The Irish language is a Goidelic language which originated in Ireland. It is officially recognized as a language of the European Union. Historically spoken by Irish people, the language declined as a first spoken language with the increase in power of the English in Ireland. Its decline began in the 17th century when Elizabethan officials regarded its use as a threat to all things English. There was a huge decrease in native Irish speakers following the Great Famine of 1845-1852 where up to 25% of the population was lost.
There are now around 130,000 native speakers within Ireland who use Irish as their first language. There is a larger group of people who use Irish as a second language, most of these are in Ireland but there are groups in USA, Canada and Australia.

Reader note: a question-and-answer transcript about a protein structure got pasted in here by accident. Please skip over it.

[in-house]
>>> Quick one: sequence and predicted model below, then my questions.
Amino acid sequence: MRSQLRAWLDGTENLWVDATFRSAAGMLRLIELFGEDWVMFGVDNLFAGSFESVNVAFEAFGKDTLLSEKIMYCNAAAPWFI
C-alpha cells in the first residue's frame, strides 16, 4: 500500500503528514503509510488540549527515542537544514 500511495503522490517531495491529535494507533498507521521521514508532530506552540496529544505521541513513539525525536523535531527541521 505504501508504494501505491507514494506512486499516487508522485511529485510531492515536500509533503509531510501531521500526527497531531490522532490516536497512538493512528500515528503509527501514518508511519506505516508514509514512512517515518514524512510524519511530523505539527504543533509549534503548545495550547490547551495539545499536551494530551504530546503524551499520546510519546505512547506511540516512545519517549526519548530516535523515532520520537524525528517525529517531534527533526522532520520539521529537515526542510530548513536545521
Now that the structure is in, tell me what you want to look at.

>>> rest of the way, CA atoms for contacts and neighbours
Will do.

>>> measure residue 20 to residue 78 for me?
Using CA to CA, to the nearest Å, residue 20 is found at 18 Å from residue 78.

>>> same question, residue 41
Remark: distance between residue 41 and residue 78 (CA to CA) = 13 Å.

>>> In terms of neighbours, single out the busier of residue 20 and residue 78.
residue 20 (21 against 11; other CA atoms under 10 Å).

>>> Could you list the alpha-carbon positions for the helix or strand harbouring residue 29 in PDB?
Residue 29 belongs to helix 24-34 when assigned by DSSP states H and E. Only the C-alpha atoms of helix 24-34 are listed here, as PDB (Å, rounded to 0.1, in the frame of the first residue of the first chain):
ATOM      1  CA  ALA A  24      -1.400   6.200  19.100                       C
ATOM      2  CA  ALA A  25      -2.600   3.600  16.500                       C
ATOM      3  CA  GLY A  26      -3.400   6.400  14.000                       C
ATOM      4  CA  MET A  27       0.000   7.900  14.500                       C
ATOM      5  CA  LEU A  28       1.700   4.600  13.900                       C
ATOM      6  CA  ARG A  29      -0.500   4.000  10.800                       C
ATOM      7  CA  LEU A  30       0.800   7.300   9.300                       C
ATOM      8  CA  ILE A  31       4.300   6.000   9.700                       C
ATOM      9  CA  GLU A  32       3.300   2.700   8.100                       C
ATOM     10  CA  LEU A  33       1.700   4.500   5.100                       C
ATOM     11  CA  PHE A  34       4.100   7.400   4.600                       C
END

Written Irish has been discovered from as early as the fourth century. In pronunciation, Irish most closely resembles Scottish Gaelic. Modern Irish traditionally uses the basic Latin alphabet, but without the letters j,q,w,x,y, and z, along with the addition of an acute accent known as a "long mark". During World War II a whole new set of guidelines were issues on how to standardize Irish grammar and spelling, many words had silent letters removed and spellings were brought more in line with the spoken word.